Two action packed weeks exploring Ethiopia's historical route
23 May 2018
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If you've read my article 'For The Eye's OF Ben Morison Only' you'll know that I've recently met my father, who is Ethiopian, for the first time. Having done that, I simply had to visit Ethiopia as quickly as I could, both to see the country - and to meet my Aunt Gennet and Uncle Molla. Flights booked, bags packed, a map of Ethiopia in my pocket, and I was off... and as my guide I took my mum who's last visit was in the mid 1970's!
First stop and my first true experience of Ethiopia was Bahir Dar, home of Laka Tana, Ethiopias largest lake, and the source of the Blue Nile. Bahir Dar is a vibrant town, with pleasant tree-lined avenues and stunning lake views.
Most of the hotels in Bahir Dar look out over Lake Tana... and the lake itself is a pleasant inland sea containing 30 or so islands, many of which are home to spectacular churches and monasteries. The lake is best explored by boat - which we did - visiting the Ura Kidane Mehret on the Zege Peninsula and passing the Island monastery of Kibran Gebriel.
The Blue Nile falls are also a short distance away from Bahir Dar, so Mum and I took an early morning trip to see them before heading to Gondar...
We ventured north to Gondar a city dominated by the great walled Fasil Ghebbi fortress and imperial compound... a very impressive place to walk around. It is so important to have a guide with you throughout Ethiopia... the historical sights are impressive on their own, but you really need to understand the context and their places in history to really get the most from them.
Gondar is also the gateway to what ended up being a surprise trip favourite... The Simien Mountains!
Driving north from Gondar for a couple of hours, we visited the Simien Mountains National Park, and I was quite unprepared for quite how spectacular the landscape would be. A landscape of high altitude plateaus, mountain grasses and woodland, and breathless drops - it is no surprise that the park is a UNESCO world heritage site.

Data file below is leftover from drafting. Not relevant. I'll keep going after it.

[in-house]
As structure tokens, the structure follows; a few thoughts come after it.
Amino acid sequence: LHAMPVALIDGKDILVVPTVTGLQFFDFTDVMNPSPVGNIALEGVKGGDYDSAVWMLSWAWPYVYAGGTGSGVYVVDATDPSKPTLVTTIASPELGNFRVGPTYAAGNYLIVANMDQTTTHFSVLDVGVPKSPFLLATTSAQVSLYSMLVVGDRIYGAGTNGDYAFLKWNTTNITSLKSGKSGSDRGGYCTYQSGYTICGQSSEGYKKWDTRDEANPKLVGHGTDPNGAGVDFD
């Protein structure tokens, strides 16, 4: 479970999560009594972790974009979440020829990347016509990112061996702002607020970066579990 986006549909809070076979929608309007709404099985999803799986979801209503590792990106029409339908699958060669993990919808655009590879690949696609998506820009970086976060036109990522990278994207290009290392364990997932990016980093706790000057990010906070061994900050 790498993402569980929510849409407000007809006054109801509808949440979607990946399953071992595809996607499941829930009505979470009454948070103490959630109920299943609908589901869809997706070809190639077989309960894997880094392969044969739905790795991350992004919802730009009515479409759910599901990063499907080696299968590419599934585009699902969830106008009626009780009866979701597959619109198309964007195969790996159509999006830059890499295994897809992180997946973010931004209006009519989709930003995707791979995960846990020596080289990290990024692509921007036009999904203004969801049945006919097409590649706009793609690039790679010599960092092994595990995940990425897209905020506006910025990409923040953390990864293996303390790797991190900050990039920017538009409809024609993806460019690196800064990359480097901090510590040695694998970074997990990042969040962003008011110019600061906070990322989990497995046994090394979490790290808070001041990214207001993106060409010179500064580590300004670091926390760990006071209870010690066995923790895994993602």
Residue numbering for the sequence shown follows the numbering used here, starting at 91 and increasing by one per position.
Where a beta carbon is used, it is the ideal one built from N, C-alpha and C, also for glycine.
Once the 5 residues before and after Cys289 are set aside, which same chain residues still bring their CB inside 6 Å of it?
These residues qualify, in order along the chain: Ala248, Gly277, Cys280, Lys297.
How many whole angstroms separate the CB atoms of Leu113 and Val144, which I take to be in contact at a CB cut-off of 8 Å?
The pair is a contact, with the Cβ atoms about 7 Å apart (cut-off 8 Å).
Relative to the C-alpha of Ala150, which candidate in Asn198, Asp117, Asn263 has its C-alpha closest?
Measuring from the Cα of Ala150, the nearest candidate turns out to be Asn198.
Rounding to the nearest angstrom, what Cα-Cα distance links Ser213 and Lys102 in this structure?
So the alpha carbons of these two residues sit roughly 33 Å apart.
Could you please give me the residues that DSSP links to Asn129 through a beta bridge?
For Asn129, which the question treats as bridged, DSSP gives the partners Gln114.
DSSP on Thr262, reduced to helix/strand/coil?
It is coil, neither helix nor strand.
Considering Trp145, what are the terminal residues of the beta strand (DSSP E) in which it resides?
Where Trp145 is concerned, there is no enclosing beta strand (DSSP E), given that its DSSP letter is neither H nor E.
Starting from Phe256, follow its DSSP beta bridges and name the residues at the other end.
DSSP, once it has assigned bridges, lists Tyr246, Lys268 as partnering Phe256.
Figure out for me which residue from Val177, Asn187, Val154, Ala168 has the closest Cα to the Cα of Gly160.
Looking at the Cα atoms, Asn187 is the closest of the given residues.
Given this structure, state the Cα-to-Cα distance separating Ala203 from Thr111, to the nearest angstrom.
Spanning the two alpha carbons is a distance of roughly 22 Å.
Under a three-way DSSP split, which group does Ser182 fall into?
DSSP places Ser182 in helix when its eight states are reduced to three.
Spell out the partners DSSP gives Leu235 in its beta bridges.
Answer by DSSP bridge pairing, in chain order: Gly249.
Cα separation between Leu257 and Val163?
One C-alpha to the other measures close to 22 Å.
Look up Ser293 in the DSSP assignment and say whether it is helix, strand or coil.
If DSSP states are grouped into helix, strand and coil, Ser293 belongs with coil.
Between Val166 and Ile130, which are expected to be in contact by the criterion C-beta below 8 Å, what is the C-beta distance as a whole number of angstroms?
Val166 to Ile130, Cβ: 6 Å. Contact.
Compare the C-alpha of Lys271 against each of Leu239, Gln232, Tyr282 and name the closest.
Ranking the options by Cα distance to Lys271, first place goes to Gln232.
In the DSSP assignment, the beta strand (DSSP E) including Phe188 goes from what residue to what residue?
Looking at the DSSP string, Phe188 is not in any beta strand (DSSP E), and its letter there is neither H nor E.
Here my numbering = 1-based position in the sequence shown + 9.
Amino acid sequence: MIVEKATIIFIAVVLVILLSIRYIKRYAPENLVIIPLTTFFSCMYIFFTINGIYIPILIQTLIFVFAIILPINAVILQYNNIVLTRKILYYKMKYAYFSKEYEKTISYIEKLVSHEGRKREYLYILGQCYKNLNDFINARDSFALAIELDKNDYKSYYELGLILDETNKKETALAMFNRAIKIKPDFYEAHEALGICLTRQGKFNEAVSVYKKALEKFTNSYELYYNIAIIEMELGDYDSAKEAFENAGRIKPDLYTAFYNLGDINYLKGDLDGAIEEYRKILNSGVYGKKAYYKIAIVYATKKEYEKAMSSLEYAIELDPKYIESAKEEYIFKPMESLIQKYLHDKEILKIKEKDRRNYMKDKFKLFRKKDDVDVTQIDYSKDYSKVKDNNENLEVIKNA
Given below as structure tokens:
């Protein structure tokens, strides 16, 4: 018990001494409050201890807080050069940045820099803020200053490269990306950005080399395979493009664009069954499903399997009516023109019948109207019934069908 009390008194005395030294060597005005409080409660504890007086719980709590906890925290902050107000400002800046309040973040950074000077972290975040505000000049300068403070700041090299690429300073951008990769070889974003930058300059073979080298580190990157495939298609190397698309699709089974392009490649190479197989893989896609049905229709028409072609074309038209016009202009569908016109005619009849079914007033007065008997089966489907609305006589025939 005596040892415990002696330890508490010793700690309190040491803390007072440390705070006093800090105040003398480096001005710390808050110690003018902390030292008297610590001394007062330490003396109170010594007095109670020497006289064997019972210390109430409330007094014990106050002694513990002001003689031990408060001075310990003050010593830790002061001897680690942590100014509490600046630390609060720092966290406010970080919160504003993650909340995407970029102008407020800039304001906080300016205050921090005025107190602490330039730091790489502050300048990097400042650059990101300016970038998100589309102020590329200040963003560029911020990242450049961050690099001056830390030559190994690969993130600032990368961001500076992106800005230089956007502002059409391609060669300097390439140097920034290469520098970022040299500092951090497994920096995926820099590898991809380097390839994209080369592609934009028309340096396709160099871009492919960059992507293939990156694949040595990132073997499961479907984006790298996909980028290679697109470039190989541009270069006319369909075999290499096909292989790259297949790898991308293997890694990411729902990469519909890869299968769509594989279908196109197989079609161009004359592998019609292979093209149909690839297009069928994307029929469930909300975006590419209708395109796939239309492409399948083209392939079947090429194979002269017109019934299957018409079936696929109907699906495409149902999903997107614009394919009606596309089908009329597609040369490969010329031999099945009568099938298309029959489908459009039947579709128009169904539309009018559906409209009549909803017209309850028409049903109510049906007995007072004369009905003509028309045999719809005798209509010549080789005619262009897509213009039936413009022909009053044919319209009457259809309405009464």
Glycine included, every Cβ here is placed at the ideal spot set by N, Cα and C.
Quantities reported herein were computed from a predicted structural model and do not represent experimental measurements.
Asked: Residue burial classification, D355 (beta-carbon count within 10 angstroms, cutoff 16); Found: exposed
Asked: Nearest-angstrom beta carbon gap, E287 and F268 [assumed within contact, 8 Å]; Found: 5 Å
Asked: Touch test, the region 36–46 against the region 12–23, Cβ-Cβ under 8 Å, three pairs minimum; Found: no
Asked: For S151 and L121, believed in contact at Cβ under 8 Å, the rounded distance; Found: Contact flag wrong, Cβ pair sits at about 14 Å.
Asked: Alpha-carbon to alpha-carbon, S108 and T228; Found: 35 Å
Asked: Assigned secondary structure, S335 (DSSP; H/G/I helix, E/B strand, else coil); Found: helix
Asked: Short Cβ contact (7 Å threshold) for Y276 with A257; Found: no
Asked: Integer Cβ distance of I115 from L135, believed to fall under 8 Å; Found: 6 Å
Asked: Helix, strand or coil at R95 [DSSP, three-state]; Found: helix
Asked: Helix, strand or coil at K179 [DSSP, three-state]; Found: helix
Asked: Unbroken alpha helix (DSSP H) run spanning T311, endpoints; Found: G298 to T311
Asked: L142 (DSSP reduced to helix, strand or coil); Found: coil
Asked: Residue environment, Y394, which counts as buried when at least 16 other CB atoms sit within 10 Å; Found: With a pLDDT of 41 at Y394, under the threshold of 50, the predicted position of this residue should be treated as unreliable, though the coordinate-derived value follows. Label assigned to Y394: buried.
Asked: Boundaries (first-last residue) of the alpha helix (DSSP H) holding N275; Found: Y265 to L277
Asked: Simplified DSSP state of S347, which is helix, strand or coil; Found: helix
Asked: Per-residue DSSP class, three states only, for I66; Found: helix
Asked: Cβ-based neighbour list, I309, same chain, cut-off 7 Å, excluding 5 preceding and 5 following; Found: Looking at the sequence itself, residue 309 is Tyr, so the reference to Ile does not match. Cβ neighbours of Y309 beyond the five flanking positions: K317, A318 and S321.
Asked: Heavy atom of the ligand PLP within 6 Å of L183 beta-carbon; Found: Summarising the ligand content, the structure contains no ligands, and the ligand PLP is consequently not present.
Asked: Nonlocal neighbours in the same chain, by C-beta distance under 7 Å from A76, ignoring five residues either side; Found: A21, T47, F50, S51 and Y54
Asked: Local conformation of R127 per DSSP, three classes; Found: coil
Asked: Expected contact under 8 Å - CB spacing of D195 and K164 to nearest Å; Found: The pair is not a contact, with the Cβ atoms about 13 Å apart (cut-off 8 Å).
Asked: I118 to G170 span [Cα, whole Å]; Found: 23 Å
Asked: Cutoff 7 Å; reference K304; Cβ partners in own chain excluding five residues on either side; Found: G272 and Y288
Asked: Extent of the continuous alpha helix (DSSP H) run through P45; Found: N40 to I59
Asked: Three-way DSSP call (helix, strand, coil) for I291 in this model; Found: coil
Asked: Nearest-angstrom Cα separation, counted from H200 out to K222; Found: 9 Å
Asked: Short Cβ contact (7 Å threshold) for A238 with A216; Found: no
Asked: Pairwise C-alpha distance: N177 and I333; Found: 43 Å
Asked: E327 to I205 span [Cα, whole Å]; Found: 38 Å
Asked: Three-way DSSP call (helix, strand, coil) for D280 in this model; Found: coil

I'd have been happy with just the views, but the chance to sit amongst the semi habituated population of Gelada Baboons* was another of the trip highlights. You can sit down on the grass around them and, completely impervious to your presence, they just continue going about their business... mainly eating, fighting and posing from what I saw. (*Apparently they are actually monkeys, not baboons - don't ask me the difference - and the only primates in the world to graze!).
No trip to Ethiopia would be complete without visiting Lalibela to see the extra-ordinary stone churches. It was the one place I'd seen lots of photographs, so it had a big red circle on my map...
And the stone churches did not disappoint. They are remarkable. Both for their scale, and more simply for how beautiful they are. Built around the 12th Century, we visited eight of these rock hewn churches, all of which are connected by various stone staircases, and underground tunnels. Highlights were the ornate Biet Medhane Alem - a giant rectangular church and Biet Giorgis - the cross shaped church in the photo below. Both have been carved out of the surrounding stone hillside - monumental feats of engineering that must have taken many years, many stone masons and a great deal of skill.
A short distance from Lalibela we also visited Yemrehanna Christos, one of Ethiopia's best-preserved late Axumite churches... another experience that warrants its own separate article (which I'll link to from here once I've written it).
Axum was the final stop on our Ethiopia heritage tour. We had a full day to explore Axum (and if we'd had had more time we'd have had a second full day here, as there was plenty more to see).
The Axum historical sites all date from a much earlier period (around 300AD) and the best known of them are the Axum Stelae Feild. This is an open site containing a number of enormous stone oblelisks some measuring as high as 25 metres, and weighing over 150 tonnes. The Stelae were carved from a single piece of granite at a quarry site 5 kilometres from Axum and it is unknown how they were transported to their current site. But there is a lot more to Axum than just the Stelae... churches, cathedrals, Queen of Shebas Baths, monasteries & tombs... we didn't see them all... but there'll be there for the next time.
With the Ethiopia 'holiday of discovery' at an end - I sat at a restaurant in Addis with our Far and Wild ground agent and immediately started to plan two further trips. One to Danakil region of in north eastern Ethiopia, and the other to visit the Bale Mountains and the remote Omo Valley in southern Ethiopia. I'll be back!!
(*Itineraries for both those trips will shortly be on our website - along with the specific dates - and anyone wishing to join me will be most welcome.)